As mentioned, Natchitoches meat pies are just oversized empanadas – perhaps 50% larger than Argentine ones -, fried on peanut oil, rather than baked. I usually prefer fried empanadas, though I bake them at home to avoid deep frying. Lasyone’s offers only two kinds of empanadas: a meat pie made with 4 parts beef to 1 part pork and a crawfish one.

We liked both. The meat pie ($7) had a very flavorful, tasty filling. The meat had the texture of knife chopped beef rather than ground, and it didn’t have noticeable chunks of fat. Mike particularly liked the crawfish pie ($9), which he found rich and flavorful.

The shell, however, while somewhat flaky, was not chewy enough. It lacked he flexibility of a good fried empanada dough. Though obviously, as an Argentine, I’m really nitpicking here. The point is that both were very good empanadas.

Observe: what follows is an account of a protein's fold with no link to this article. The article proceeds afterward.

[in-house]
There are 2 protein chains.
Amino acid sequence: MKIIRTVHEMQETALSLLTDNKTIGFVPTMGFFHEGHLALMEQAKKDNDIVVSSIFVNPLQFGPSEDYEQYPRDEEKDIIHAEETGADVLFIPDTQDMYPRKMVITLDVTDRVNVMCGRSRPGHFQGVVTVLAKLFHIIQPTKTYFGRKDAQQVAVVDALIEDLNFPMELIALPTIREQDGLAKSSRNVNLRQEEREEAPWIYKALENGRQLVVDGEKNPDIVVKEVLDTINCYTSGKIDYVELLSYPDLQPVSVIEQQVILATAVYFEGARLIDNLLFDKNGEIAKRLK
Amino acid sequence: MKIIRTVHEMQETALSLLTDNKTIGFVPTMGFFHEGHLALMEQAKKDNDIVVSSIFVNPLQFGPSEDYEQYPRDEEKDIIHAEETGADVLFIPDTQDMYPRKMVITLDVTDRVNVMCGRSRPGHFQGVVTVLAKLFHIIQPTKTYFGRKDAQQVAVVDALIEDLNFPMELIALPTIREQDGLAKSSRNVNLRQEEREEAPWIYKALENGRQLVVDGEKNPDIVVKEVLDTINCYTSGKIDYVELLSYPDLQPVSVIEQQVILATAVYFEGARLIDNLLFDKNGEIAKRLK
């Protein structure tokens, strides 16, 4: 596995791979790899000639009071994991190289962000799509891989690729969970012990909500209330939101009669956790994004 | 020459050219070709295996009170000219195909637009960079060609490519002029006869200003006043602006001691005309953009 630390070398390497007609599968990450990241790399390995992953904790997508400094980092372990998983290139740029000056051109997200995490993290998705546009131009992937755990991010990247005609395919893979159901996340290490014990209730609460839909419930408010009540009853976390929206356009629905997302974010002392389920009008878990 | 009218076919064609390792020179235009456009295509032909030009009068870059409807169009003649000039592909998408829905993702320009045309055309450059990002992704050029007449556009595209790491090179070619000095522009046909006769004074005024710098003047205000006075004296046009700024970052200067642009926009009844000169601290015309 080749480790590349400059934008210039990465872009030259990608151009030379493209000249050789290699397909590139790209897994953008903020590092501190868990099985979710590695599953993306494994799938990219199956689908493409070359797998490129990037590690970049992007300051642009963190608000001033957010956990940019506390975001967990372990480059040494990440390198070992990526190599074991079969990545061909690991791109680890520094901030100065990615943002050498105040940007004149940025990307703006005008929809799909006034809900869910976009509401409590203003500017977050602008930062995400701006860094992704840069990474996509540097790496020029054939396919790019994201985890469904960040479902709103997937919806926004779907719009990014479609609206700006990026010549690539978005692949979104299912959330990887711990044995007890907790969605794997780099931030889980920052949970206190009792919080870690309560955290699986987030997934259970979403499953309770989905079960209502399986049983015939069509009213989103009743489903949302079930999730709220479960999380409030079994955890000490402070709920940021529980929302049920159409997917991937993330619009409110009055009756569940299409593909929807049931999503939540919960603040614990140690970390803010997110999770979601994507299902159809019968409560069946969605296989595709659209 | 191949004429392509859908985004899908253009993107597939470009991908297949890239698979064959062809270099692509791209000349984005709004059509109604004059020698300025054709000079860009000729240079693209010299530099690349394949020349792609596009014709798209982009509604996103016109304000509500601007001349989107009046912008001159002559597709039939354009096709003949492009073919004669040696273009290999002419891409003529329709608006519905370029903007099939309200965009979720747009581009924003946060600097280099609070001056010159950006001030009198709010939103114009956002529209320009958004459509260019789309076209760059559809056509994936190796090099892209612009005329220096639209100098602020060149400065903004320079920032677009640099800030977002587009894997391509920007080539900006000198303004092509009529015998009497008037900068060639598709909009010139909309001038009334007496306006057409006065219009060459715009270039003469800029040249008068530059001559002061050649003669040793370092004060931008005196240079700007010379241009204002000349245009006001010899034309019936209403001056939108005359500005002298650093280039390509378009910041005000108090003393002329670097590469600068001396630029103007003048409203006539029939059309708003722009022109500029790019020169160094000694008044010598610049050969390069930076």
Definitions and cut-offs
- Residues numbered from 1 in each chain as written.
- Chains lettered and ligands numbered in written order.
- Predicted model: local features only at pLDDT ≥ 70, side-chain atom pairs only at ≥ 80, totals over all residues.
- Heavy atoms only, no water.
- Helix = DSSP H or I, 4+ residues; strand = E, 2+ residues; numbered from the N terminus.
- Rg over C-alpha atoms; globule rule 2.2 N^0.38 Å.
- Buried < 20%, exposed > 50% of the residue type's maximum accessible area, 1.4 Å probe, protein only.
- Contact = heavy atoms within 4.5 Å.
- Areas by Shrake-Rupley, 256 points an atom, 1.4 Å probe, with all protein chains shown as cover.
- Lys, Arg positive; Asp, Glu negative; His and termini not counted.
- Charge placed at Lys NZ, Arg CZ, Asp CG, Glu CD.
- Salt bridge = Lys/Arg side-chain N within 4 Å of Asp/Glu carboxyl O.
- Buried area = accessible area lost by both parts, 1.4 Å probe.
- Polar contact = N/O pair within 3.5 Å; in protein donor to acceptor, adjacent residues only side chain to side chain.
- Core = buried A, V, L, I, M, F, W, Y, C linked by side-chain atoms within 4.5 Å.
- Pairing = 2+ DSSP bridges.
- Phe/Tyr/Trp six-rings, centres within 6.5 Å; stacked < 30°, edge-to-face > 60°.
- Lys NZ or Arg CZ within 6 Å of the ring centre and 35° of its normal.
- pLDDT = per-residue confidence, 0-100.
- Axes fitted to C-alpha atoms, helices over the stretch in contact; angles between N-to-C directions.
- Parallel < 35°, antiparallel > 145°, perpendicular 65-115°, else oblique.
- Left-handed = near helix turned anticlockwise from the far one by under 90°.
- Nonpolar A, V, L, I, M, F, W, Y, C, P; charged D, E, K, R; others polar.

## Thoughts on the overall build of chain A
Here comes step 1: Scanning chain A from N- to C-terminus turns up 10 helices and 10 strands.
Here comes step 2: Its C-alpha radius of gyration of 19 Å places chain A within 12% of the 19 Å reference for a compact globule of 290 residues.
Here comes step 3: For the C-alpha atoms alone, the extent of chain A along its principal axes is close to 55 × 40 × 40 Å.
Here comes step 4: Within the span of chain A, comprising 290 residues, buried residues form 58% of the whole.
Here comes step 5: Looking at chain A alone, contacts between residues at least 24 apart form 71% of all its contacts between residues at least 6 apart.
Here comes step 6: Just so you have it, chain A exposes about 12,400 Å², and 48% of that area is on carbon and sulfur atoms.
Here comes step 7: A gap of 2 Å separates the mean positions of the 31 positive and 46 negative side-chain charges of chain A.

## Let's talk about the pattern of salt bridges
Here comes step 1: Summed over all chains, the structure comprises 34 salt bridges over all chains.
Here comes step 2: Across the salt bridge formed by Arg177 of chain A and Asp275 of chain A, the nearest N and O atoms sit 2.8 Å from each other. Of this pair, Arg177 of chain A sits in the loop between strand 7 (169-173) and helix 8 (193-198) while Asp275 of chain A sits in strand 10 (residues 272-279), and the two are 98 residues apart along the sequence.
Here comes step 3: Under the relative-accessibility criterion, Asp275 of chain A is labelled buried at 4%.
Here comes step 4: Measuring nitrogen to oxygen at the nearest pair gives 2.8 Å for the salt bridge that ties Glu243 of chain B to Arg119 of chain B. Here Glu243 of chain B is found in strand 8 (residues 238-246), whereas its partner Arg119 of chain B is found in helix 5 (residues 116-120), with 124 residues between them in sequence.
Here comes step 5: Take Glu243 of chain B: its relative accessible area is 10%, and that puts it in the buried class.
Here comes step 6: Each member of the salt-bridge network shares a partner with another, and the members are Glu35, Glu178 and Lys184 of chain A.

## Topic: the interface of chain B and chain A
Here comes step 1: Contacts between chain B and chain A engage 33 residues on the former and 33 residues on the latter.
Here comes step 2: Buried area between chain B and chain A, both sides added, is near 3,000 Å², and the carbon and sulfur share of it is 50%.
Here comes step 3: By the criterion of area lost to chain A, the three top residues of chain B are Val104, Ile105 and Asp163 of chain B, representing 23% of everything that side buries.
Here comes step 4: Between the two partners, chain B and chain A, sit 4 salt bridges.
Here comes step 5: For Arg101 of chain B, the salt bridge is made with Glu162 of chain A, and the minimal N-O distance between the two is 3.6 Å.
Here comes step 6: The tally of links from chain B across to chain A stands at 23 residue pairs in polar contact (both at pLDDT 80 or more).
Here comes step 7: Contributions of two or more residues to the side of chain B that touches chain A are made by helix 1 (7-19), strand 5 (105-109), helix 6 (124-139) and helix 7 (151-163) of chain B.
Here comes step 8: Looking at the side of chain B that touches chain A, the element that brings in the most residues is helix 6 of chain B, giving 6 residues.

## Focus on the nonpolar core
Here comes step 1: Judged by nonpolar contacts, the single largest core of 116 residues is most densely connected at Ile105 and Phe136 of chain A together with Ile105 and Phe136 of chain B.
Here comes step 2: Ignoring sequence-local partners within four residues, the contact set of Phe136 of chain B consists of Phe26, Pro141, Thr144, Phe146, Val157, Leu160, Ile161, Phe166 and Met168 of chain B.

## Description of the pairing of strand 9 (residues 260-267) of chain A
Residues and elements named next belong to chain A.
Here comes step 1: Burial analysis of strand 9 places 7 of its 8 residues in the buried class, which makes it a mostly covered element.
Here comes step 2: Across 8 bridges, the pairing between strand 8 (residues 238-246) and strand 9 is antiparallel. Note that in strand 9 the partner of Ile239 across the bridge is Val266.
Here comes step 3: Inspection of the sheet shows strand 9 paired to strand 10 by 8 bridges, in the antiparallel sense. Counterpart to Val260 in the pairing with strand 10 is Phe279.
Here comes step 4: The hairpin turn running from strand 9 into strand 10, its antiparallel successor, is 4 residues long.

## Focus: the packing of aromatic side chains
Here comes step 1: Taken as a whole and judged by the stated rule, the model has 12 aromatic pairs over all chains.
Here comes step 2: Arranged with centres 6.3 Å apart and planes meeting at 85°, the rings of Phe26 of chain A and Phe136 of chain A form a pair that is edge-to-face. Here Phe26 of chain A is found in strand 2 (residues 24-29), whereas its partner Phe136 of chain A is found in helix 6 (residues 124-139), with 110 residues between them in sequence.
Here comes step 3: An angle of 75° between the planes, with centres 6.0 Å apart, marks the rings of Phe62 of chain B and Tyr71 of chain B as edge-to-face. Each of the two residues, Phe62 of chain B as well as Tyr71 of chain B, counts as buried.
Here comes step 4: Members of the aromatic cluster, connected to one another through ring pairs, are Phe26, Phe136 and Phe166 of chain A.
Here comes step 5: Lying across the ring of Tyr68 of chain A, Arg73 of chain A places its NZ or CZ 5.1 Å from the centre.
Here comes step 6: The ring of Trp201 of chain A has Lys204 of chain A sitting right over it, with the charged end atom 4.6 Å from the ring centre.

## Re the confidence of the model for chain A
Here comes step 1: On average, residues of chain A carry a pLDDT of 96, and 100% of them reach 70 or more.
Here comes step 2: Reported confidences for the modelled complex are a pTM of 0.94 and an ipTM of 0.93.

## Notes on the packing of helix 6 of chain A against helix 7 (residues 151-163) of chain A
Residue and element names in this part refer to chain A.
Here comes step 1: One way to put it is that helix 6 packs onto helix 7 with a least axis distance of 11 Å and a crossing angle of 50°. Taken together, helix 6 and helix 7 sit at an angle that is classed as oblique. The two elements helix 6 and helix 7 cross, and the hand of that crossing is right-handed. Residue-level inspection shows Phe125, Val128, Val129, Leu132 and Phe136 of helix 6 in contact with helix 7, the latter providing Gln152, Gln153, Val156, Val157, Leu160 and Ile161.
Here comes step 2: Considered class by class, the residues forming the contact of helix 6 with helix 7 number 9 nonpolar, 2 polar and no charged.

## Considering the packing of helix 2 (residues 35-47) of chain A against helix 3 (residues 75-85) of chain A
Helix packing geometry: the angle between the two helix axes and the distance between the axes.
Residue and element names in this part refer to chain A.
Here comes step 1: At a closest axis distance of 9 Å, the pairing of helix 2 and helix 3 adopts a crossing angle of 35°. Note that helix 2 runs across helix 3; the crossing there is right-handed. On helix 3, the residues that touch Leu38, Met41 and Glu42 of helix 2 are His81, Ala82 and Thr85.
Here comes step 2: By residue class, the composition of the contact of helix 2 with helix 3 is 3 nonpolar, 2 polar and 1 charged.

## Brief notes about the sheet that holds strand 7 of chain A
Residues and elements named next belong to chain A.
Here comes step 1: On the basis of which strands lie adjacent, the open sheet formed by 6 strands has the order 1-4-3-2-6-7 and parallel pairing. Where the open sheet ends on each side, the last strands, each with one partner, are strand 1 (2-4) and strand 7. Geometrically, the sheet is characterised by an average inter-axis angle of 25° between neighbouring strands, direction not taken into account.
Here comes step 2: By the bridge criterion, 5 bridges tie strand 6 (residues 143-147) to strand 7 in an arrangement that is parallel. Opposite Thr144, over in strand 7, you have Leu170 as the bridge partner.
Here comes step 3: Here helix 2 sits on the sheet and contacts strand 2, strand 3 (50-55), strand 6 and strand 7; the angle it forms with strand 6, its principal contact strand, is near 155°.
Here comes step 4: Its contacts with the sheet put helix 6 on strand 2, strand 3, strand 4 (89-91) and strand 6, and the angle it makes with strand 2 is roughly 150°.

I felt, however, that they were too expensive for what they were. I’m glad we tried them, but I wouldn’t rush to get them again at those prices.

Lasyone’s Meat Pie Restaurant also serves a full menu of Southern breakfast and lunch dishes. Service was fine, though the waitress expressed surprise we were only ordering the meat pies. You order at the table and pay on your way out. The restaurant is very casual, very much like what you’d expect of a little, no-frills breakfast place anywhere in the country.

Lasyone's Meat Pie Restaurant
622 Second St.
Natchitoches, LA
(318) 352.3353
M - W: 7am-2pm
Th - Sa: 7am-3pm

NYC Food Adventures: Cancun Deli & Grocery

Notes from a New York City Foodie Trip
Christopher Rios mural

Yes, the empanadas make it worth a visit